In case there are any medical uses stated with the plants mentioned below, please take sensible advise from a qualified herbalist.

If you would like to learn a bit more about the classification of this large family I can recommend Britannica.com webpage

The background colour of the text indicate green for positive news and pink for negative news… In bold for quick reading and any other colour then green and pink used is to make it more pretty! Links are provided on medical or other difficult words.

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Useful Betulaceae part 2

  • Alnus glutinosa or Alder
  • Carpinus betulus or Hornbeam
  • Corylus avellana or Hazel

These are the 3 other genera all with only one species native on the British Isles, which are also in the Betulaceae or Betula family, like the Birch which I covered in an earlier blog-post!

A stand of Alder along the brook at Cannock Chase

Information for this blog is again from various websites, for more information follow the links on the plant names. Green background signifies all sorts of uses, blue background for wildlife and ecological uses and pink background is for medicinal use. Pictures by Matt Summers, otherwise stated.

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The Useful Betulaceae!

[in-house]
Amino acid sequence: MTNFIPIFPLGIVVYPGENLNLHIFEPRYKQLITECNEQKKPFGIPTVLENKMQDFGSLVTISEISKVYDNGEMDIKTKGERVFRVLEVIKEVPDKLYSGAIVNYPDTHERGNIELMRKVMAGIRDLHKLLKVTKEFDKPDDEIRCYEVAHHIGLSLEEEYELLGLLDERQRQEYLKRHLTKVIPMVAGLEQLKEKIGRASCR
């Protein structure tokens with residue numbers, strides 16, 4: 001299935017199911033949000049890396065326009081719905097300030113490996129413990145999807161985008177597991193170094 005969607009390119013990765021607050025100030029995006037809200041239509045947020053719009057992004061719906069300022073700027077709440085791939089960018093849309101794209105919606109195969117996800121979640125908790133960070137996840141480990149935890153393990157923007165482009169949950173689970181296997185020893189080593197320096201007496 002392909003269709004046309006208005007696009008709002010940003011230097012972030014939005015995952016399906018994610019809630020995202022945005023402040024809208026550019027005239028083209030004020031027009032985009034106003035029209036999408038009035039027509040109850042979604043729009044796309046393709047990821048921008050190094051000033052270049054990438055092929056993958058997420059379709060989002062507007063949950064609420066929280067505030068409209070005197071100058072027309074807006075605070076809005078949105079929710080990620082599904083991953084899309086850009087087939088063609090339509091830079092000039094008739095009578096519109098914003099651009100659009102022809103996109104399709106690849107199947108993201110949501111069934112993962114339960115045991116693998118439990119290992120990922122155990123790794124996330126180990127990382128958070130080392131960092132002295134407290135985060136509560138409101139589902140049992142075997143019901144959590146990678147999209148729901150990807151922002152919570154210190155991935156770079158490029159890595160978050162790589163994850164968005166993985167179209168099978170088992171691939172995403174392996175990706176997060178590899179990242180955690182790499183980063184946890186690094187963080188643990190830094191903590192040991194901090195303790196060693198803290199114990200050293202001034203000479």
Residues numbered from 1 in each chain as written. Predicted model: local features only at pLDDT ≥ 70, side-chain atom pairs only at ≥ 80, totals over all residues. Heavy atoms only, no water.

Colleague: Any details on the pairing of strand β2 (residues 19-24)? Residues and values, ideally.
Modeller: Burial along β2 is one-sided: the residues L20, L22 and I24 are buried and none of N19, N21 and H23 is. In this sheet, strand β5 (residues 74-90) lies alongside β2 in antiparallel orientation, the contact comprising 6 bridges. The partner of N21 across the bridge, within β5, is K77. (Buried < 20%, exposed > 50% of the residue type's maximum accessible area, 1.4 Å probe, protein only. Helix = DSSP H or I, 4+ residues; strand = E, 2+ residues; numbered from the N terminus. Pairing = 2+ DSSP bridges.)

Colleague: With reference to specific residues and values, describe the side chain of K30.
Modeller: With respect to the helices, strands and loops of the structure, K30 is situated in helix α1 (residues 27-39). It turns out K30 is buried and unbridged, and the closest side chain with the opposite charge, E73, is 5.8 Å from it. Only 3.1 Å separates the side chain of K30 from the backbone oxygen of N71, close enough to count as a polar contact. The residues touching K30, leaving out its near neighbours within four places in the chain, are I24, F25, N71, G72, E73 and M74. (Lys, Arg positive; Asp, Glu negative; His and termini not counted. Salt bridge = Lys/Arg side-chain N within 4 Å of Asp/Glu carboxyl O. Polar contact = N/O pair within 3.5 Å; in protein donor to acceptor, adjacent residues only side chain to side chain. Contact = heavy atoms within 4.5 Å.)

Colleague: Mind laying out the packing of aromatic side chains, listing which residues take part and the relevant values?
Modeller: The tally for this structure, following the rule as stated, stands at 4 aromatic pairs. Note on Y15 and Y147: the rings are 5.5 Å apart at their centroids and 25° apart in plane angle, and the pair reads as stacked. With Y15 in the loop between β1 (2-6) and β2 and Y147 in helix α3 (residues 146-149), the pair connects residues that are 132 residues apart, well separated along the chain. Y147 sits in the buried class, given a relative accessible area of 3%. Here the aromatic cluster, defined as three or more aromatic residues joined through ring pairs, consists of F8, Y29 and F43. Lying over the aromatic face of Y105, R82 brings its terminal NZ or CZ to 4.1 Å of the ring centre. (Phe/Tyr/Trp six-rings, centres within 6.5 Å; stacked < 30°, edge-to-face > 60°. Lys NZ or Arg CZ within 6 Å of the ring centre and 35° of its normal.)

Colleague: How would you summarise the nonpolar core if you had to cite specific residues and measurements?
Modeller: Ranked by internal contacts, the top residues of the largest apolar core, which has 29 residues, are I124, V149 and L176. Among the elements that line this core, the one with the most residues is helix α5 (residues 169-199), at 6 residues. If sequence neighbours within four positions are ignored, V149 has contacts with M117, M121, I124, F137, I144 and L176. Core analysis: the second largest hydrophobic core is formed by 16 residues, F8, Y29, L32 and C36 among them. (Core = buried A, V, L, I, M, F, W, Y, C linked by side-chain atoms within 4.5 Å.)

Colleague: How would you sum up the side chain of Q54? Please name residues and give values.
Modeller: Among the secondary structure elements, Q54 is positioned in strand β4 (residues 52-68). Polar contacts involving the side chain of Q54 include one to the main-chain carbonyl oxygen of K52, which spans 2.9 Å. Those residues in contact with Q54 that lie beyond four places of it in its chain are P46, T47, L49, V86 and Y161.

Showing the very recognizable stems of our native Silver Birch.
The very recognizable stems of the Silver Birch at Cannock Chase

After all the native, short, flowering plants, this time a blog on the native, tall, woody trees called Betulaceae, which includes the main genus, Betula or Birch but also our native Alder, Hornbeam and Hazel belong in this family.

The Betulaceae or Birch Family is number 59 in Stace and has 3 straight native species of Birch as well as several hybrids, subspecies and introduced, ornamental varieties.

The birch is a typical pioneer, which means it can colonize new land very rapidly in the right conditions and can therefore be seen as a weed by some who wouldn’t like them to do this!

But most of us can agree that the Birch tree is very beautiful and hoping for you to learn in the following text that it is also a very useful tree as are its cousins, Alder, Hornbeam and Hazel about which I will tell you more in the second part!

A green background of the text is for all uses and pink is for medicinal uses. Blue background for ecological interest. Pictures by Matt Summers unless stated